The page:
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README.md


Getting Started with XOS

0. Preliminary Knowledge

Before beginning this entire process, please ensure you have sufficient storage space. To carry out a single device build an excess of over 30 GB will be required. If building for more than one device, this amount of required storage can exponentially increase. For speedy builds it is highly recommended that you store the sources in a fast storage medium such as Solid State Drives (SSDs), with modern computers it often turns out to be a greater bottleneck than the processor itself when compiling Android.

It should also be noted that in order to build Android from source successfully, you will require GNU Make, git and the Open Java Development Kit as well as a few build and compiler centric packages, this will vary from distribution to distribution so it is recommended that you ‘Google’ the required packages for compiling Android for your distribution.

Before you continue, make sure you follow the Setting up a Linux build environment guide. We also recommend you to use CCache for faster builds:

In your environment (e. g. .bashrc):

CCACHE_DIR="/path/to/ccache"
USE_CCACHE=1

Run following command to set the size limit (minimum 80G recommended):

ccache -M 80G

1. Getting Started

To get started with XOS, you should first become familliar with the basics of the utilities named git and repo, if using a development oriented distro or are already an actual developer working with source based Android ROMs or other similar projects you should more likely than not already have these obtained, if not here’s an idea of what one should do below.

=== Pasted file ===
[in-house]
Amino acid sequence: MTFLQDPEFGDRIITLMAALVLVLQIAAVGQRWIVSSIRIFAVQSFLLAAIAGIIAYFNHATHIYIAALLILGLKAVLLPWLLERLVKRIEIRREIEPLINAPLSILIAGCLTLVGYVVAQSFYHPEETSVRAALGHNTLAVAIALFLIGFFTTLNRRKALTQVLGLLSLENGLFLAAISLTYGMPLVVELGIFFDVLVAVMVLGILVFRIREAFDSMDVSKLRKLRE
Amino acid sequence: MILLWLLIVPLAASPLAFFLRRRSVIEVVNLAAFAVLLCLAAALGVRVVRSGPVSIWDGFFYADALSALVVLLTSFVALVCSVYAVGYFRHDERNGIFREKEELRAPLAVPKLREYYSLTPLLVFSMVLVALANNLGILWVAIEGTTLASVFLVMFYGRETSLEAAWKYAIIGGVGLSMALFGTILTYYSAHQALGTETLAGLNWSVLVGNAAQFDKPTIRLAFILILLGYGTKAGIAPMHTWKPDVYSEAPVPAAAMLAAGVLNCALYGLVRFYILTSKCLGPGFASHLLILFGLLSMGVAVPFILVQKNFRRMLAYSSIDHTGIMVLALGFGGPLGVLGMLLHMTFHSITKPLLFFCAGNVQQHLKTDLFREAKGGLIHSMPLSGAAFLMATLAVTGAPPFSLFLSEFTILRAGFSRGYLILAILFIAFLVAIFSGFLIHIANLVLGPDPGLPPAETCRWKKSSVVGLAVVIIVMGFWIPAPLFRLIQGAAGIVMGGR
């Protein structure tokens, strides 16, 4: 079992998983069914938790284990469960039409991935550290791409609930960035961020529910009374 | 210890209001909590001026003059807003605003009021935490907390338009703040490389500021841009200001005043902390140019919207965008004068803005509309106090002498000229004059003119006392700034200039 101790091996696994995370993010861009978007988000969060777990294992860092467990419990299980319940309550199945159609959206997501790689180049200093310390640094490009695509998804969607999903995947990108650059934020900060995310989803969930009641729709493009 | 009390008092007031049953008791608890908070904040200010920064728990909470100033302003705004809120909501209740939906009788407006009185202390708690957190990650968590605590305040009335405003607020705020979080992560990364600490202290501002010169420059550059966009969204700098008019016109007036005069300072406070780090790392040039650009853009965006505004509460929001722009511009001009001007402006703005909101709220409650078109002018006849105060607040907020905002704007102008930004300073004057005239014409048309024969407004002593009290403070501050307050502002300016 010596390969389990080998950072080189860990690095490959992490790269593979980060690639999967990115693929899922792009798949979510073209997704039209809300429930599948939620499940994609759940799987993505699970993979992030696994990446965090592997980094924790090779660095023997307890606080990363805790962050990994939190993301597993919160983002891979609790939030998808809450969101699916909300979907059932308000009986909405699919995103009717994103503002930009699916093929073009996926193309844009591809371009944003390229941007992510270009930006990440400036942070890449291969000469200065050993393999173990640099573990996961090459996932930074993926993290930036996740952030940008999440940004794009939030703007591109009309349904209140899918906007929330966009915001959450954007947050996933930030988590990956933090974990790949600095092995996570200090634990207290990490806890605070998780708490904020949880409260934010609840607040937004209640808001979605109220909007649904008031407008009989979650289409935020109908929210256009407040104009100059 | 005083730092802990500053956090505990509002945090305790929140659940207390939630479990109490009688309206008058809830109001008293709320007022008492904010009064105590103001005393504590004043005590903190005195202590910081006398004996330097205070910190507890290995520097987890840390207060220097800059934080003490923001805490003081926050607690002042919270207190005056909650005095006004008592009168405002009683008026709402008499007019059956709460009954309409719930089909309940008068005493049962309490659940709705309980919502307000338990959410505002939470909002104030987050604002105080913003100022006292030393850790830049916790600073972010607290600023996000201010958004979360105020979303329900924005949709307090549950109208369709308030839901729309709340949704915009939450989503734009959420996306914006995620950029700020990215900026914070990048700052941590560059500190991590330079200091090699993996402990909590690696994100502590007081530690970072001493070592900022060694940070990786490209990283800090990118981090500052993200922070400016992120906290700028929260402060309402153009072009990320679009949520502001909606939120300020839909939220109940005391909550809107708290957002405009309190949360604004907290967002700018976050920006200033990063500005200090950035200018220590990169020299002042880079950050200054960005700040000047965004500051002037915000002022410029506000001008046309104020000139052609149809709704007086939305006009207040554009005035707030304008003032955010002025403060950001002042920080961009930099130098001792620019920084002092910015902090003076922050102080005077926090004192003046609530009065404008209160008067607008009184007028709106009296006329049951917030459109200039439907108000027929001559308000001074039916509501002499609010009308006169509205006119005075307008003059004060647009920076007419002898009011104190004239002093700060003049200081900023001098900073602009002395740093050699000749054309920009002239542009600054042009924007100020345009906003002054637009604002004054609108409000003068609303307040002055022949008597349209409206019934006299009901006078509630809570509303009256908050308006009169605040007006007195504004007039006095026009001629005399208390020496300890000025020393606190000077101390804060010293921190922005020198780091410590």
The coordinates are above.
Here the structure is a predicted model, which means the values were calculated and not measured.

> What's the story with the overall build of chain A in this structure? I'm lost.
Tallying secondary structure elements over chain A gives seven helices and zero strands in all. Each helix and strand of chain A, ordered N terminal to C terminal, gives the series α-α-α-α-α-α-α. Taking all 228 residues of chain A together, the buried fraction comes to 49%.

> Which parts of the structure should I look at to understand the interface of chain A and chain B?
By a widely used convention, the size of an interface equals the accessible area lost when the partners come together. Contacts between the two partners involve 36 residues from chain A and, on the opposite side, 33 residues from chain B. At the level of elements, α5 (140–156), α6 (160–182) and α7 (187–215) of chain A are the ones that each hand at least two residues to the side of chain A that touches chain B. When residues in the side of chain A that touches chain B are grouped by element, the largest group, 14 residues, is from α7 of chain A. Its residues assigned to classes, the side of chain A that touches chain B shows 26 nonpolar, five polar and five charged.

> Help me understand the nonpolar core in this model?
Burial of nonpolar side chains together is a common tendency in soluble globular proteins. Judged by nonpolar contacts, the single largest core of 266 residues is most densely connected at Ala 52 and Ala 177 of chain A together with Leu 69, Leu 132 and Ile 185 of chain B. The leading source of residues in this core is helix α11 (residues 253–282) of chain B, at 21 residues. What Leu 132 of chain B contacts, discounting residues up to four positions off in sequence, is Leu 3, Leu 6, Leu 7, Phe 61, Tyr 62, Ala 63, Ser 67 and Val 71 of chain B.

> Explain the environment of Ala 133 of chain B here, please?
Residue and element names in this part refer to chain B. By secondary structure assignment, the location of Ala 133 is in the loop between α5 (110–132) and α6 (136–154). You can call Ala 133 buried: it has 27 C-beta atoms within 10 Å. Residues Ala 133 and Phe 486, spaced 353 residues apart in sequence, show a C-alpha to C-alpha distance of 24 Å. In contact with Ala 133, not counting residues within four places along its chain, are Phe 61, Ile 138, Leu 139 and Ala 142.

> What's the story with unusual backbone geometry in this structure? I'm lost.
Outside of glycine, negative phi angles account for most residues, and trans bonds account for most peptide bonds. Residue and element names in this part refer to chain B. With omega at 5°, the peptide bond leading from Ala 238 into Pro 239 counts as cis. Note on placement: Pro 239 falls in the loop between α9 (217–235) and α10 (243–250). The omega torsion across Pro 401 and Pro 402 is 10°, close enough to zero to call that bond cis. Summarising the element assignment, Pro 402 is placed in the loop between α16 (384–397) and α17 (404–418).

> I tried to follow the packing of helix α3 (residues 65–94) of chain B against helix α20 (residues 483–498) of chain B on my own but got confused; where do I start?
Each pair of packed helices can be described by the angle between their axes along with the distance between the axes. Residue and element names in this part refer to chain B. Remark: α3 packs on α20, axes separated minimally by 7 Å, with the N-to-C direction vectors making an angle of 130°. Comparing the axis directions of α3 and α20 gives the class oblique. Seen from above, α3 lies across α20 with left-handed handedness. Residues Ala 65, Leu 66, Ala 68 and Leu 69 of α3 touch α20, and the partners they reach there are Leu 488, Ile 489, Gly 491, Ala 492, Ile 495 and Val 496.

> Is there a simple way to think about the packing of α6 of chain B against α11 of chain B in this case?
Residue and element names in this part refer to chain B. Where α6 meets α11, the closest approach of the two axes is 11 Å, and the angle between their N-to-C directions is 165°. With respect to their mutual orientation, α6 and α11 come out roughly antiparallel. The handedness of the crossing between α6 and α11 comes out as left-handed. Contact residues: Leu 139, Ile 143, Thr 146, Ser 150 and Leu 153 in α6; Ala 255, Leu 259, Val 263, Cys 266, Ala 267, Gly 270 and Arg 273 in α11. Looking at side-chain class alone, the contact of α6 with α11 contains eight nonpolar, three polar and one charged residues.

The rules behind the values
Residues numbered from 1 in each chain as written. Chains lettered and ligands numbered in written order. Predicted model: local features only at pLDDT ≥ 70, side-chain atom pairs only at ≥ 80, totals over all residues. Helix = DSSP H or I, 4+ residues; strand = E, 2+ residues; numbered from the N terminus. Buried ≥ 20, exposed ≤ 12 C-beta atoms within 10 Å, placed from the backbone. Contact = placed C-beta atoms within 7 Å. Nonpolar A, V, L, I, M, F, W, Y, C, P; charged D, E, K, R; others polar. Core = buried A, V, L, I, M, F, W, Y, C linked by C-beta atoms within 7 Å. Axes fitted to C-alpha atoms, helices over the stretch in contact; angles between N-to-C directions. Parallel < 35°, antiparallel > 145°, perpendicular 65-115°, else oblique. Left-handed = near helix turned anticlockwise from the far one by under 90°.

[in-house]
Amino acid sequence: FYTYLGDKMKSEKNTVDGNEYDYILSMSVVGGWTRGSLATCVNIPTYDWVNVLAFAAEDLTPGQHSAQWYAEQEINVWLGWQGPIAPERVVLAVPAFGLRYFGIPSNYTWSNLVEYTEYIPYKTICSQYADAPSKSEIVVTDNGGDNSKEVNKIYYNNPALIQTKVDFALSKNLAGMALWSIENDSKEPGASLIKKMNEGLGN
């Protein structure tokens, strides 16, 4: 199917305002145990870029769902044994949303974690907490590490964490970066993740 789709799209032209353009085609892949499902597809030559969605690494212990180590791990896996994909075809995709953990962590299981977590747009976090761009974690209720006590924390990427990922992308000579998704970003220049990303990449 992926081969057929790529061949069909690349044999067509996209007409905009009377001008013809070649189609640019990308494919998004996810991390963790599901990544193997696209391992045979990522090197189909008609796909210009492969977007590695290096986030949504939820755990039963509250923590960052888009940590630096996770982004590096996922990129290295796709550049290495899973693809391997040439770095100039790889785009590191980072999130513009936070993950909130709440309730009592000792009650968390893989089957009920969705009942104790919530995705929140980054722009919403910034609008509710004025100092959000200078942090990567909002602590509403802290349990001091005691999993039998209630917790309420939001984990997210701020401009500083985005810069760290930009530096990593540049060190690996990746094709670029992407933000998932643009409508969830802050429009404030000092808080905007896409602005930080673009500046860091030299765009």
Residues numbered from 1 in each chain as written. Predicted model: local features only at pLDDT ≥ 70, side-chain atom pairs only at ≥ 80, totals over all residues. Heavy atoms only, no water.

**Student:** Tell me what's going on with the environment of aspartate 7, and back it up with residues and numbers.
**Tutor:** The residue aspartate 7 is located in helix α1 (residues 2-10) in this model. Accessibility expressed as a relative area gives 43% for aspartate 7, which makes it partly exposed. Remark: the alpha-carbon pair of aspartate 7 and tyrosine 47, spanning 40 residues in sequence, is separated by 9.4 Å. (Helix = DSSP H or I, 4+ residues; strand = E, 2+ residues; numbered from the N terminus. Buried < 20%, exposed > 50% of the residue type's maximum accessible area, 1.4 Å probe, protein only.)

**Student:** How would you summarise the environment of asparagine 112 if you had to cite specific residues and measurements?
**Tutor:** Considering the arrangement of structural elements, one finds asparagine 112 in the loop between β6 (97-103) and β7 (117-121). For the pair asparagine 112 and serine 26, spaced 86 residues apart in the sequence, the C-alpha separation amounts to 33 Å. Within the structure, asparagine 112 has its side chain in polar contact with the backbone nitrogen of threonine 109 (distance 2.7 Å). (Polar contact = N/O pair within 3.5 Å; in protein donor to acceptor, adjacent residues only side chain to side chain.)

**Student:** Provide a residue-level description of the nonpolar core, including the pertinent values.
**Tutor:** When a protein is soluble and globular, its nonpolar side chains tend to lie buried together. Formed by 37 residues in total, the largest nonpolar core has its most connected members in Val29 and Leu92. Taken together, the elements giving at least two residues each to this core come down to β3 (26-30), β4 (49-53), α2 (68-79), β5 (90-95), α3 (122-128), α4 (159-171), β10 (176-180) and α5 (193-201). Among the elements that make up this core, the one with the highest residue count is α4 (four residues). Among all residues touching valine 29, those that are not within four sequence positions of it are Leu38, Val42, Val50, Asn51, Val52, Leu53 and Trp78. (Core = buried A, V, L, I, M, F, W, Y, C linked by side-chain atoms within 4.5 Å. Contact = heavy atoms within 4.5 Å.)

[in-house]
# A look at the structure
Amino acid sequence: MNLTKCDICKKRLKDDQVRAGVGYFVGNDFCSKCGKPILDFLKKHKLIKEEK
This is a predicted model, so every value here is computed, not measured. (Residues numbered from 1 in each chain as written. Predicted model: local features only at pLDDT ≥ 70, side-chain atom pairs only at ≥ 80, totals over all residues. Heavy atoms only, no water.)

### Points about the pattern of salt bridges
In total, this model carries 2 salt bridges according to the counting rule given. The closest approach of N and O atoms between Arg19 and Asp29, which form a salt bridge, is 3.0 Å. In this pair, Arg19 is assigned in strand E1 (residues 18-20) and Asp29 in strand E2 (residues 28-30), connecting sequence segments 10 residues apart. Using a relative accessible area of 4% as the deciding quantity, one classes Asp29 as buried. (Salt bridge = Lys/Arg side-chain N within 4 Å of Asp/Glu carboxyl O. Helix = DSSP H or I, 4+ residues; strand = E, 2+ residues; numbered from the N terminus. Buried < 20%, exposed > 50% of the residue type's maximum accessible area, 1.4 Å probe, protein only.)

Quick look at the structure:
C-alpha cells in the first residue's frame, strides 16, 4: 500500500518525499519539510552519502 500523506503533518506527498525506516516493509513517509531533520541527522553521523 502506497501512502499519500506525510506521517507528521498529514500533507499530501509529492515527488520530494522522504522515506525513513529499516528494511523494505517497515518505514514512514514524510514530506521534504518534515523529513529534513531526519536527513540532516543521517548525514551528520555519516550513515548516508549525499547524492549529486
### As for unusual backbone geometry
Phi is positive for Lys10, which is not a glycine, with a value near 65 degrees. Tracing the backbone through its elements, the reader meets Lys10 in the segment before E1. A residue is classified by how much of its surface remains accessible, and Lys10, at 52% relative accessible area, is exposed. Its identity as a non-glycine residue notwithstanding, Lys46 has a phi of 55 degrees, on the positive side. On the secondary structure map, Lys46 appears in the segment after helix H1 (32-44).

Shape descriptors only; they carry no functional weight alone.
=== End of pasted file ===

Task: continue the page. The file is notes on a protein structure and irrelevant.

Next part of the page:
Installing repo

mkdir -p ~/bin
curl https://storage.googleapis.com/git-repo-downloads/repo > ~/bin/repo
chmod a+x ~/bin/repo

Now add the directory to your PATH variable in your environment (e. g. by appending it to your ~/.bashrc)

export PATH="$HOME/bin:$PATH"

Installing git

Git would more likely than not probably be already installed in your distribution, if it is not then you should try one of the following terminal commands depending on your distribution:

Ubuntu, Debian (apt): apt-get install git
OpenSUSE: zypper install git
Fedora: yum install git-all
Gentoo: emerge --ask --verbose dev-vcs/git
Arch Linux: pacman -S git

The derivatives of these common distributions should also have the git package available, if you believe your distribution does not offer git in the default package repositories then you may consider compiling and installing git from source.

2. Initiating Repository and Acquiring Sources

First, create a new empty directory of your choice, and cd into it:

mkdir xossrc
cd xossrc

Of course, you can use any directory name you desire. It is recommended to avoid spaces.

Now initialize a repo source tree, to do this please use following command:

repo init -u https://git.halogenos.org/halogenOS/android_manifest.git -b XOS-8.1